The Stubborn Computing Manifesto
Everyone is conservative about what he knows best.
- Robert Conquest
Stubborn computing is about using computers the way you want to.
Stubborn computing is about being able to pick - and stick to - what you think is the best tool for the job. It's an investment in software over time: As with the carpenter's hammer, the chef's knife or the weaver's loom, it's about subconscious and intrinsic mastery of the tools of one's craft - a deep-seated skill growing along with a never-ending creative process. Ars longa, vita brevis.
Stubborn computing isn't about rejecting what's new; it's about embracing what's good. The stubborn user realizes the benefits of faster hardware, better encryption, higher resolutions, more colours and increased bandwidth, but will practice extreme caution when discerning between change and improvement. Stubborn computing appreciates real improvement, but is wary of unforeseen danger and thus careful to rely too heavily on it initially. Stubbornness builds slowly.
Stubborn computing isn't an ironic fling with a past never experienced, nor is it about sentimental reminiscing. The stubborn user doesn't install a Windows 95 theme because of a superficial whim or in a pointless search of lost time. The stubborn user might do so because their brand of stubbornness is rooted in the Windows 95 workflow, and they will go to great lengths to recreate this workflow in many more aspects than shallow aesthetics.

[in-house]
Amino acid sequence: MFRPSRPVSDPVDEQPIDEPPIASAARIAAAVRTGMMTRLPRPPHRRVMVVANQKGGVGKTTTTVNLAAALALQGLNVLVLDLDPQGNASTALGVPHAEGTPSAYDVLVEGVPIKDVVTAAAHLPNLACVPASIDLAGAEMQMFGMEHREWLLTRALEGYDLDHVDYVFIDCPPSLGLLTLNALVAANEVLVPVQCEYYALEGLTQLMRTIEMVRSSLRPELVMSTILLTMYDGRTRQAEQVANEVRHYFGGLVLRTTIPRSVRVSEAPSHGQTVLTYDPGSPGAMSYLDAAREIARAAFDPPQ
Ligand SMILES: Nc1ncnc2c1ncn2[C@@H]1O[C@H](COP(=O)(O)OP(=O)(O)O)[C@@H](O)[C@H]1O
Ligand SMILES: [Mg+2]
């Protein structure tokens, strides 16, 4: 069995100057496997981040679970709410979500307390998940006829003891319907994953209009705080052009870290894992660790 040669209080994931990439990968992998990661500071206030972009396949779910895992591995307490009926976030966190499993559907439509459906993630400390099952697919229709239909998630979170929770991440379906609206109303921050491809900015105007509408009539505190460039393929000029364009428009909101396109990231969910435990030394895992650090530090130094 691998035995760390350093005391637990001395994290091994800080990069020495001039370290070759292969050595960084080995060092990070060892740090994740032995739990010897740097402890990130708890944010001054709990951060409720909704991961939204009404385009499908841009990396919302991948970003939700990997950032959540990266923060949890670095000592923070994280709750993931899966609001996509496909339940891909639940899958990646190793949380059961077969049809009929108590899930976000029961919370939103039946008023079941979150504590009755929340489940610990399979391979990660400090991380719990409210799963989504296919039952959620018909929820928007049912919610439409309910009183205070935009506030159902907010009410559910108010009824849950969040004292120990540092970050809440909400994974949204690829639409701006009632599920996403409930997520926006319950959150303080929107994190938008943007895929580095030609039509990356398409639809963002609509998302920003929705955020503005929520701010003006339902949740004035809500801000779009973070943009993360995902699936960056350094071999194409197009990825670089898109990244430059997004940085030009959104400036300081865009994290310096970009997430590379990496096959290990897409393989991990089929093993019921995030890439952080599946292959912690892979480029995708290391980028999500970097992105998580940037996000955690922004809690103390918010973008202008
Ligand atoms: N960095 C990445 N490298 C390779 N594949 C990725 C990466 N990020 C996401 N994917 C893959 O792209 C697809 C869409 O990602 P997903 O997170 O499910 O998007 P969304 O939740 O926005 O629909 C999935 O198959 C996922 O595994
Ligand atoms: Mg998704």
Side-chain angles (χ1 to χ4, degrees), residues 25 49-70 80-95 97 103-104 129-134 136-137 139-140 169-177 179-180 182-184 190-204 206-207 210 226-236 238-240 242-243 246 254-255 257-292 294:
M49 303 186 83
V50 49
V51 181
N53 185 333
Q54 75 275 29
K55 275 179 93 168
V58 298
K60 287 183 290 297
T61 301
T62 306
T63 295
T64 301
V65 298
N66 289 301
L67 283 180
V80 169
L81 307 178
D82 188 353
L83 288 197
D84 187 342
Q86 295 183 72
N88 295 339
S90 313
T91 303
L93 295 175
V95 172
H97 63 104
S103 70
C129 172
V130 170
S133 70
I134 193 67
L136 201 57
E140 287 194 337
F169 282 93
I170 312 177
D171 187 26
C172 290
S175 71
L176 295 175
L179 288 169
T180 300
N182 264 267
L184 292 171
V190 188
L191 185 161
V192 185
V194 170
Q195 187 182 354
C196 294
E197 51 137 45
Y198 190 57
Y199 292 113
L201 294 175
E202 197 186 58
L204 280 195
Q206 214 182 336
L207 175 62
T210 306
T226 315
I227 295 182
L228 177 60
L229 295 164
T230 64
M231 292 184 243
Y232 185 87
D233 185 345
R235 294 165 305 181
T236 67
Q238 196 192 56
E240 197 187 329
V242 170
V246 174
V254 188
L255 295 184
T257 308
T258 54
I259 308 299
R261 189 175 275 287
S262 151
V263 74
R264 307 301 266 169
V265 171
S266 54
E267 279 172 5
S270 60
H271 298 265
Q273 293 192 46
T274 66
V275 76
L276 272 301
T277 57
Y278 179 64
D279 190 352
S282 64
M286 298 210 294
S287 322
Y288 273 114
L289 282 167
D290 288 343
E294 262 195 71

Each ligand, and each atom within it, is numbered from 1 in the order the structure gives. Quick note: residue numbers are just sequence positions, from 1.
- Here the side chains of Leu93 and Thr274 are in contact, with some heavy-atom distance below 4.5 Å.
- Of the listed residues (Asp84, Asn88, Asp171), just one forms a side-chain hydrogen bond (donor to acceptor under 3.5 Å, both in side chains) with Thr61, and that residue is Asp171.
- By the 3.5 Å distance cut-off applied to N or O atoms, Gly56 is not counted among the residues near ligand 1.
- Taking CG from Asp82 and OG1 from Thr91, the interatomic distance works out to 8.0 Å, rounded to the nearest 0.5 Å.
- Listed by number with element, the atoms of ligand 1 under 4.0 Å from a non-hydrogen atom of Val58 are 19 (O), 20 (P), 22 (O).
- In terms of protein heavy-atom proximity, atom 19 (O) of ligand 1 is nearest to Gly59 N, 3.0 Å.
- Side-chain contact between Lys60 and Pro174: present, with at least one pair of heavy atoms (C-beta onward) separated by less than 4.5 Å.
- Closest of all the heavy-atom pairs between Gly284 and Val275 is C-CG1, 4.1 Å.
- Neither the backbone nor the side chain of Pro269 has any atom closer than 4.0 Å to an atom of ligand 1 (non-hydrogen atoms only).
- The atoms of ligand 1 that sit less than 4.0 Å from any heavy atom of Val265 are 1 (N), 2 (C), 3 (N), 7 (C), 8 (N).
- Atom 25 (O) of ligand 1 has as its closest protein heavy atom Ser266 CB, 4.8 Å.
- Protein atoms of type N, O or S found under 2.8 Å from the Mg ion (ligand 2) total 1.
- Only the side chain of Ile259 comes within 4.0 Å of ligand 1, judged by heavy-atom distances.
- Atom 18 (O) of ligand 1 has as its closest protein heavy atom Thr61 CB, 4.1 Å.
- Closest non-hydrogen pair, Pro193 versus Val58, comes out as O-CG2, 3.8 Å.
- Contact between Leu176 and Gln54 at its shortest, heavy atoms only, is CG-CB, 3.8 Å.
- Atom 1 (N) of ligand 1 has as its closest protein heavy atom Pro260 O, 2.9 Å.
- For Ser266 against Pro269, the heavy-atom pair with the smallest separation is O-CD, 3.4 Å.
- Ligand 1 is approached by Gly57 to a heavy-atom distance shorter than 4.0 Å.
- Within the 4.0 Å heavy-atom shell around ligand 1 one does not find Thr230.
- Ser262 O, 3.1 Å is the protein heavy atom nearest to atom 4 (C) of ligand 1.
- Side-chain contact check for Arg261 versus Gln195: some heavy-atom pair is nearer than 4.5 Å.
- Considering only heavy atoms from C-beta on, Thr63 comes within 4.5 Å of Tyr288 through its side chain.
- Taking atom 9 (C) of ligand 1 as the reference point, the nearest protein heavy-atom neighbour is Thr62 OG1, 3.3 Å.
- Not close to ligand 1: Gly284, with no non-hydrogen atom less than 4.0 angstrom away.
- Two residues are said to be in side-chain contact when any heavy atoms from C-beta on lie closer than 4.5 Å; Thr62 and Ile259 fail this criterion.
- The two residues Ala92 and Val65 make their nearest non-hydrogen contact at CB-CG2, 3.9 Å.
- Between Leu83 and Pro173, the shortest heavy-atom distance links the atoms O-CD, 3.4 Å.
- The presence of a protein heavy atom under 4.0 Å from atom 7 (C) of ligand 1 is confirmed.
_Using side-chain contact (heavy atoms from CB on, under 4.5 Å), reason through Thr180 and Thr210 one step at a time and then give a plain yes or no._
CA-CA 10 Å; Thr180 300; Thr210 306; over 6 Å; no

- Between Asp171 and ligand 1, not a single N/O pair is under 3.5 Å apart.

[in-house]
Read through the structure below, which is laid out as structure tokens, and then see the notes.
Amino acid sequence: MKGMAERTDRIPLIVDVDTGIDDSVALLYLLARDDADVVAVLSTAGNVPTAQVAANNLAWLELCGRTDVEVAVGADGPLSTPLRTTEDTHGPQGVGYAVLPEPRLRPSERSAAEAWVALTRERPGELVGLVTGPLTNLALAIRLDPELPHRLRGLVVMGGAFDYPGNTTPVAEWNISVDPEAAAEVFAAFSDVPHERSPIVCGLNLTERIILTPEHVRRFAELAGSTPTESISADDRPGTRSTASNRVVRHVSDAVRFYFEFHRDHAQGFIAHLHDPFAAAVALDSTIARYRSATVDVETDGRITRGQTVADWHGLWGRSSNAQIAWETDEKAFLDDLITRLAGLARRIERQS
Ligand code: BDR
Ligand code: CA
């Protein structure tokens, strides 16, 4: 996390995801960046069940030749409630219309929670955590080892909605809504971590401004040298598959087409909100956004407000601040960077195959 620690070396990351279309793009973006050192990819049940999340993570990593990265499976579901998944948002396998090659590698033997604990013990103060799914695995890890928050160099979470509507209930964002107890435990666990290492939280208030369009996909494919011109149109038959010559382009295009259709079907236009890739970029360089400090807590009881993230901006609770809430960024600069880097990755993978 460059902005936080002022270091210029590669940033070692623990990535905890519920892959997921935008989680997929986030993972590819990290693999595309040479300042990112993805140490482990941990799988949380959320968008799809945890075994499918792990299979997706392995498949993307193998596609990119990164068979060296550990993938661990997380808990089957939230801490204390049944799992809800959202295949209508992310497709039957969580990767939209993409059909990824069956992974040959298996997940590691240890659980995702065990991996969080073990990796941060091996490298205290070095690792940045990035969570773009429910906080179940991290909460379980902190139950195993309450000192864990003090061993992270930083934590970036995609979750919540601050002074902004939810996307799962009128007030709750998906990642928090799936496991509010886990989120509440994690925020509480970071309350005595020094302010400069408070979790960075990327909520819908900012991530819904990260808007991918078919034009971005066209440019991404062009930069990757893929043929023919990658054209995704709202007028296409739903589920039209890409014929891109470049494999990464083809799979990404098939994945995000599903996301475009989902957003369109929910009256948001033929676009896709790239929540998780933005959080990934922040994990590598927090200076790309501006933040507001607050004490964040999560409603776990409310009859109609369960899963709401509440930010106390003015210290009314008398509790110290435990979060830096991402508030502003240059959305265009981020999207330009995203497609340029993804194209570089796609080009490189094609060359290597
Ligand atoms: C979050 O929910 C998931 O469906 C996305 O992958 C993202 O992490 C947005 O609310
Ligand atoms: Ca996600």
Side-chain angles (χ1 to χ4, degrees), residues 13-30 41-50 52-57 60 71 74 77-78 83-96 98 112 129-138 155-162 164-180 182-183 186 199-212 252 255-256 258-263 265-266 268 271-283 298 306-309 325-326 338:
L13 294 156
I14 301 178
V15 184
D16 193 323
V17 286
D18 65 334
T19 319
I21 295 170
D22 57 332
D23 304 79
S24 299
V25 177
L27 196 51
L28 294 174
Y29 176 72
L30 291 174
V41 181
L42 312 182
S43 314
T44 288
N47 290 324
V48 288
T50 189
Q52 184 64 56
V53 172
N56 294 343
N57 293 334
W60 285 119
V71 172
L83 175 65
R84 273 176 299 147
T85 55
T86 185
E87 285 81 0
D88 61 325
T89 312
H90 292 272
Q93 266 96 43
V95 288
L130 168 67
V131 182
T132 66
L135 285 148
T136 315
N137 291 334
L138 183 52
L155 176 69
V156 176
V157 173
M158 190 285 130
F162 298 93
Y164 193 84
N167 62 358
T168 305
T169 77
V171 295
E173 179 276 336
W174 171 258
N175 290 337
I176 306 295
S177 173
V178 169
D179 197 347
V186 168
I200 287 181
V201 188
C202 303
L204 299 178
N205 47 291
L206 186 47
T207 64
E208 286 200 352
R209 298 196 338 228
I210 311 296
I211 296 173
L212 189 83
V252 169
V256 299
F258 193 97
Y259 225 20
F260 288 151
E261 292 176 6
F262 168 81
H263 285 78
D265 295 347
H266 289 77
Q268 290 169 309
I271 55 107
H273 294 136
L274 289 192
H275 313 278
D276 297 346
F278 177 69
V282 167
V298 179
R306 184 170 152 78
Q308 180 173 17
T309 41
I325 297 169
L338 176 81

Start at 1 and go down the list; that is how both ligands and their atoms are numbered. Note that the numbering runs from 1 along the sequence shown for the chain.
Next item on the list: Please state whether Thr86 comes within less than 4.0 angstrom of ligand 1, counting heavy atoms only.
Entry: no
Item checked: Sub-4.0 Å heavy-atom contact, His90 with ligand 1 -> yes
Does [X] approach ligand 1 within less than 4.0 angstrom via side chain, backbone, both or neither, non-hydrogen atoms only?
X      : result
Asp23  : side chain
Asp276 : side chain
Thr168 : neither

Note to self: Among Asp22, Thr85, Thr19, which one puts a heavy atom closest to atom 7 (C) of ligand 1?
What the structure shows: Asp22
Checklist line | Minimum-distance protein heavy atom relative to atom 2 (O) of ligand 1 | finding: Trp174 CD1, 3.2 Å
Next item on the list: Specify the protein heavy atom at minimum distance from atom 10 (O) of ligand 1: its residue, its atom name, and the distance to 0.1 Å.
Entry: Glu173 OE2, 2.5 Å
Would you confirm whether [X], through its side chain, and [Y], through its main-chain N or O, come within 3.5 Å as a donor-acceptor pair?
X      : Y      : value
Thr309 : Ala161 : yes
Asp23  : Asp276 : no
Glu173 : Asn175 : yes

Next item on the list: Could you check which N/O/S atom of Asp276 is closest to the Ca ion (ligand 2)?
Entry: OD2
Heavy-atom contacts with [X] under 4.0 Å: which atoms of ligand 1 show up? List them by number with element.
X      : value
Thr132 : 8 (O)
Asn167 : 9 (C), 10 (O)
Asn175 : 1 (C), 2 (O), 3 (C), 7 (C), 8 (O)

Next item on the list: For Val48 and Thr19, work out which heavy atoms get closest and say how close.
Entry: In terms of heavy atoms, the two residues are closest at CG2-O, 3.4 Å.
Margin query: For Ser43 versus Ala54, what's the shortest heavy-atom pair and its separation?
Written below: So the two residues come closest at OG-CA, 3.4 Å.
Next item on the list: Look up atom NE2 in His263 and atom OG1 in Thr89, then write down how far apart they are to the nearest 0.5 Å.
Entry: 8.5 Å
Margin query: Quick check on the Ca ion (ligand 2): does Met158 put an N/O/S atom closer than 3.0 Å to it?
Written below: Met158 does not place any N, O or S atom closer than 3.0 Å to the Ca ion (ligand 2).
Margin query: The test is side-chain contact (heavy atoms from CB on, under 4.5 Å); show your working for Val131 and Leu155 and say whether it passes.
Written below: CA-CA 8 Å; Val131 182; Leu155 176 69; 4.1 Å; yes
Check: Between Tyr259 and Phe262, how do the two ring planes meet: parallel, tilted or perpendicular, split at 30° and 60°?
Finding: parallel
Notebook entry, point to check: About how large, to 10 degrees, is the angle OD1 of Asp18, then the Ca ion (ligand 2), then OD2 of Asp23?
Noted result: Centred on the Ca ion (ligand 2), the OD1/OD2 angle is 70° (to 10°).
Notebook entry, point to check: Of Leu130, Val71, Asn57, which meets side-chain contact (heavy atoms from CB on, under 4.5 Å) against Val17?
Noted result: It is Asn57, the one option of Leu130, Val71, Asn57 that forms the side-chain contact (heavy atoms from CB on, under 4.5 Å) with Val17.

Likewise, the stubborn user doesn't fire up xterm in a fit of nostalgia. They do so because it's something they've been doing all their life, and because they haven't, so far, found another similar program worthy of replacing it. Stubborn programmers write code in Emacs, vi, Acme or any other editor of choice not because of the thrill in transgressing the mainstream or because it increases their nerd cred. They do so because their way of approaching their craft is helped by a tool that has shaped them as much as they have shaped it.
Stubborn computing is about working - sometimes hard - towards maximizing personal computational enjoyment. The stubborn user may present initiated comments on the current zeitgeist in hard- and software, and offers helpful advice if asked. However, stubborn users do not preach indiscriminately, nor do they dismiss the choices made by other stubborn users.
Instead, they appreciate all like-minded efforts and realize that it isn't blind zealotry, but stubbornness, that unites them - no matter if it's running Plan 9 as a daily driver, going to great lengths to avoid advertising or spending considerable time on fighting a blinking cursor.
Hence, stubborn users value all stubborn software. Between us all and the abyss of despair stands a thin line of stubborn people - some of them vi aficionados - hellbent on stopping Emacs from turning into yet another Atom clone. You can sleep safely at night because stubborn users are out there, watching, ensuring the existence of stubborn software for future generations of stubborn users.
Stubborn computing recognizes the importance of lowest common denominators. Stubborn developers often keep their web pages stubbornly simple, stick to open standards and protocols and prefer digital communication to stay as close to plain text as possible. Stubbornness can only thrive if stubborn propaganda is easily accessible.
To a layperson, stubborn computing may seem like trite, luddite contrarianism, but the stubborn user knows better. For in the end, stubbornness is about the freedom of choice. It's about the increasingly elusive idea that good tools make for happier, more efficient and thus more productive computing.
Productive to whom, you ask?
Why, stubborn computer users, of course.